Roughly three-quarters of the game's missions take place on foot. Each stage has a main objective as well a set of optional goals associated with it. These goals usually involve collecting items, such as data discs and nanotech pieces, or killing a set number of enemies by using James' sneaking abilities. Stealth plays a big role in Everything or Nothing, and, much like Konami's Metal Gear Solid, James can sneak behind enemies and take them out with a choke hold rather than alert other adversaries in the area by firing a gun. Although there are a few spots where you have to destroy oil drums or hack into computers to get the items you need, most environments don't offer much in the way of interactive disposable objects. You can hide behind pillars, tables, and even people in a few levels, but your bullets will just bounce off as if you were standing behind a brick wall. James has access to a wide variety of weapons, from his trusty Walther PPK pistol to a couple of different machine guns--not to mention a healthy inventory of grenades, land mines, and medical kits. While this sort of arsenal does offer numerous opportunities for you to just cut loose and enjoy Everything or Nothing as an action game in the traditional sense, ammunition supplies are limited enough that you absolutely need to sprinkle in a few stealth kills to have enough bullets left for enemies that don't respond well to choke holds or Bond's basic punch and kick attacks.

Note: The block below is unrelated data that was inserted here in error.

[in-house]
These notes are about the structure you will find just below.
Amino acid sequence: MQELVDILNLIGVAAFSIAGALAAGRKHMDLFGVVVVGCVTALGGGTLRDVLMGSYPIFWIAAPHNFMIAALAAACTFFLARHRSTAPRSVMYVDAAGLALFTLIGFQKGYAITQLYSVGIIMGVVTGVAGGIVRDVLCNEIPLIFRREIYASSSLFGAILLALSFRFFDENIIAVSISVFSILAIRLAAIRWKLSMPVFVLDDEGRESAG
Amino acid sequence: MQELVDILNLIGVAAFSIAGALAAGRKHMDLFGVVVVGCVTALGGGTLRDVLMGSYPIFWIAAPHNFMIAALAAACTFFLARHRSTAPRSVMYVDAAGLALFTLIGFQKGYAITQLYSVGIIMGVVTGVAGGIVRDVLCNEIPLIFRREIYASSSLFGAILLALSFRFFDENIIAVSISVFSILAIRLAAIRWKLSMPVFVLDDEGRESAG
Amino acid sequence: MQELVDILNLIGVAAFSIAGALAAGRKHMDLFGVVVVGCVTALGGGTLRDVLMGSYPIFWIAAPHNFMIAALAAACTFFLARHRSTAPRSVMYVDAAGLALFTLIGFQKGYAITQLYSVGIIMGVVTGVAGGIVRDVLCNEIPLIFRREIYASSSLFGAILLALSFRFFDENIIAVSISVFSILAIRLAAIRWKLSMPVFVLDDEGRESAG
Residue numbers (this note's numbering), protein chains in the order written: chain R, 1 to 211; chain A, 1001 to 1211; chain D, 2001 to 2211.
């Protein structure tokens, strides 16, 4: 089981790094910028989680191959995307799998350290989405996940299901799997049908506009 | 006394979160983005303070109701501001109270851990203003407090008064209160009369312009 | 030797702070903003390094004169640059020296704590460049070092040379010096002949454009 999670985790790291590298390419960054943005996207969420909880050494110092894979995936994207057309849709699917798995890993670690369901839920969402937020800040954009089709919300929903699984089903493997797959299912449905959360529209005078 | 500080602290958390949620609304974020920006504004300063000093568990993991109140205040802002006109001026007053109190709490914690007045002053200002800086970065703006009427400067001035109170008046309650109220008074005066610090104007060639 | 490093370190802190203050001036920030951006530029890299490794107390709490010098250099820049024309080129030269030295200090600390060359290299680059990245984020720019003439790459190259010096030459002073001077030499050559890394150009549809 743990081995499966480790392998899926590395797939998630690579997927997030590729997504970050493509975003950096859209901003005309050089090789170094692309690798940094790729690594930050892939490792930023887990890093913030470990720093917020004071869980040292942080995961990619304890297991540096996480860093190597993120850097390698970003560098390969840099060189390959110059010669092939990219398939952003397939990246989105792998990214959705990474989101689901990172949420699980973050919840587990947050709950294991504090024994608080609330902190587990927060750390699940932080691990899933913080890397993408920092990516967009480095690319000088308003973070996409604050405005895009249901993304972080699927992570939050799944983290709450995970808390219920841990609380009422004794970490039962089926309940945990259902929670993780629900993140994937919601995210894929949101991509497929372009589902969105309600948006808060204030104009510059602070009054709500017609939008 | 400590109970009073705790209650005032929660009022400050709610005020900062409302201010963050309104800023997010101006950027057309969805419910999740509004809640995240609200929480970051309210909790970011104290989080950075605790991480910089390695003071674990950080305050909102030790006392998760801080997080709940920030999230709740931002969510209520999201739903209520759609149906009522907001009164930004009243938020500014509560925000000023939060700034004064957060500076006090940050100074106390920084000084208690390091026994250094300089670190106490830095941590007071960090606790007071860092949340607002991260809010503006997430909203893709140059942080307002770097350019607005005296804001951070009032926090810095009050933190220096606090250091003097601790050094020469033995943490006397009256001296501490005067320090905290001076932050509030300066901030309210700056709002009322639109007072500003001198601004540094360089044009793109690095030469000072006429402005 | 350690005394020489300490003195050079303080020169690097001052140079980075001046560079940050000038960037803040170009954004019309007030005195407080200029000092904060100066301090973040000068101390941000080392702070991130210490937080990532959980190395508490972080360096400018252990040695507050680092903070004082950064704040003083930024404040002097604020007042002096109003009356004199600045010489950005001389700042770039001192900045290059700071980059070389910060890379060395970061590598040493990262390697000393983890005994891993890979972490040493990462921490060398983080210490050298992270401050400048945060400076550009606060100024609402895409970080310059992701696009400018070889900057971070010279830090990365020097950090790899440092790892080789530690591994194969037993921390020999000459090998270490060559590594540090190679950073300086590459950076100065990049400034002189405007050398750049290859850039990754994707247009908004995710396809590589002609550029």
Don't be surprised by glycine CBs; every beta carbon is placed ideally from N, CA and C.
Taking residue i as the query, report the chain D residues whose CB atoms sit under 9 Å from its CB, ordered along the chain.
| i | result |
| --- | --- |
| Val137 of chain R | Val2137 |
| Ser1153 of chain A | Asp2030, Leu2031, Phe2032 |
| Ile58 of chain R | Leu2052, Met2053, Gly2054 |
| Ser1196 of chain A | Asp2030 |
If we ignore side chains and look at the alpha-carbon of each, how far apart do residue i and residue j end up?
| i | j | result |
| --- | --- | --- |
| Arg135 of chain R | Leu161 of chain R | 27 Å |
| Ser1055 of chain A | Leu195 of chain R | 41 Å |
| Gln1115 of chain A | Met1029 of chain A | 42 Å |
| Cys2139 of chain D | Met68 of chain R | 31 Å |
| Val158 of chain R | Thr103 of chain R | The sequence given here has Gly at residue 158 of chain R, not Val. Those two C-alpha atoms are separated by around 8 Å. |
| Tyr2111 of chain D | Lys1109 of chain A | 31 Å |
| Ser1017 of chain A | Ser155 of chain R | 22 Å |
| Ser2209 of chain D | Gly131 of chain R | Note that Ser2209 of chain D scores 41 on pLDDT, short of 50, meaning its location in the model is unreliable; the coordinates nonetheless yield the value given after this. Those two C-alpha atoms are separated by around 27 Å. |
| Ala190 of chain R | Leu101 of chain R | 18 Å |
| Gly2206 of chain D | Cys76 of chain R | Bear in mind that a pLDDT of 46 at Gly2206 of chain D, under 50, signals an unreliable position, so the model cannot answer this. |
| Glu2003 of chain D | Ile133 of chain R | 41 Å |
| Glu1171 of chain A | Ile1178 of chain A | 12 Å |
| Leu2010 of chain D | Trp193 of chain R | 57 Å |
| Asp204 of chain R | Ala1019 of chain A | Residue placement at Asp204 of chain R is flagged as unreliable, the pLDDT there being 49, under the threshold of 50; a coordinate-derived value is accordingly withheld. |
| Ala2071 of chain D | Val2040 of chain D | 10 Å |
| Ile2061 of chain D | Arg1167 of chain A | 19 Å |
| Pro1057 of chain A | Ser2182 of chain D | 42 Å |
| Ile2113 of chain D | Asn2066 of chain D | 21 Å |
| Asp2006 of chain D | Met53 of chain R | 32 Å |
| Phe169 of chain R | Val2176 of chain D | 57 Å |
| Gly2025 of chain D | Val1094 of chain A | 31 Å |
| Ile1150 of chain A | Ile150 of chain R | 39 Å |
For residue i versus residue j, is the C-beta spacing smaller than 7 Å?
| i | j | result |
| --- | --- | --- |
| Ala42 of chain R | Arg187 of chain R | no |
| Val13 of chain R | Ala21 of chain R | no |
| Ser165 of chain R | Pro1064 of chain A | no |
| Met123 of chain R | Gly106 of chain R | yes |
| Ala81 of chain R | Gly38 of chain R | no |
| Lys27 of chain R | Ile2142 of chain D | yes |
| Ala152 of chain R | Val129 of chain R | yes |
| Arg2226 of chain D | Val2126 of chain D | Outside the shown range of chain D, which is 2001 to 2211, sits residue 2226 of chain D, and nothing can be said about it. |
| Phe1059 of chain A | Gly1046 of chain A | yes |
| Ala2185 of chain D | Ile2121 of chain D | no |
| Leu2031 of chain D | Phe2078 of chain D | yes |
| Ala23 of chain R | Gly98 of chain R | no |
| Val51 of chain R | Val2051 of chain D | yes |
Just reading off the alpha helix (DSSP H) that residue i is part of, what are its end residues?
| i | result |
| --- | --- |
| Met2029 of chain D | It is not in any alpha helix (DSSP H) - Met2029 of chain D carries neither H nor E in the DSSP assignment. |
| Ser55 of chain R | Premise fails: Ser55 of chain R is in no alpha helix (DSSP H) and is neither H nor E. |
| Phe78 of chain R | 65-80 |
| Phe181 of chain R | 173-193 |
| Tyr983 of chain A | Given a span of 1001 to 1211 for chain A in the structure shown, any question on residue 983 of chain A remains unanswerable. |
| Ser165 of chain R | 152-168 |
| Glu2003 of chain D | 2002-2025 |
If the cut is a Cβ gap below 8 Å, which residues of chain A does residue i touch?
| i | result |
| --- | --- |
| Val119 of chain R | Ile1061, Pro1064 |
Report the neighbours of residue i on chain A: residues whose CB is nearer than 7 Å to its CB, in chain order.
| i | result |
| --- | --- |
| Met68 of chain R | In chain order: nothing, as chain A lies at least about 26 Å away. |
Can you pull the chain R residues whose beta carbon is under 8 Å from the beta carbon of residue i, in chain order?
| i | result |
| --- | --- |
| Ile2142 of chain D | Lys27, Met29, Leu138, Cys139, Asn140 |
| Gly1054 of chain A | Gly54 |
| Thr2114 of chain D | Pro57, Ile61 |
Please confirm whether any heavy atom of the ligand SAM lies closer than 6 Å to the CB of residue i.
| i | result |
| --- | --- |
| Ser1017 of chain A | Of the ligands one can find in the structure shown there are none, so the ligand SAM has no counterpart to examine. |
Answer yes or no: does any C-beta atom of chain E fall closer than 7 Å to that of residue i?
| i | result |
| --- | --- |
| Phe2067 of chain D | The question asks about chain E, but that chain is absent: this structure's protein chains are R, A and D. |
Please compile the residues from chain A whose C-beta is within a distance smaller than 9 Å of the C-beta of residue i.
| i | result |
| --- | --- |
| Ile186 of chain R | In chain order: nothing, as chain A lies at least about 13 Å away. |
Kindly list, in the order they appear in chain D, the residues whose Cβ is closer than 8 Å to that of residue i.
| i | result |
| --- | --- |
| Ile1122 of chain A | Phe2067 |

At the end of each level, you have the chance to go into Q's lab and can purchase any of a dozen upgrades that can improve James' armor, speed, and aiming characteristics. The unique thing about this setup is that the money you have to spend is based on the style points you've earned by completing missions goals and by performing stealth kills. If you run through each mission just blasting away at every enemy you see, you may not have enough cash to buy some of the better gadgets in the shop--one of which is an excellent nanobot system that gradually restores your health while you walk around in a level. Other gadgets include a medical kit generator, a portable hologram system, a device for deactivating the shields around nanobot-enhanced enemies, and a battery-powered cloaking device. Even though you do have to purchase some of these upgrades from Q's shop, a few of the nicer ones, such as the cloaking device, are given to you after you complete a particular mission.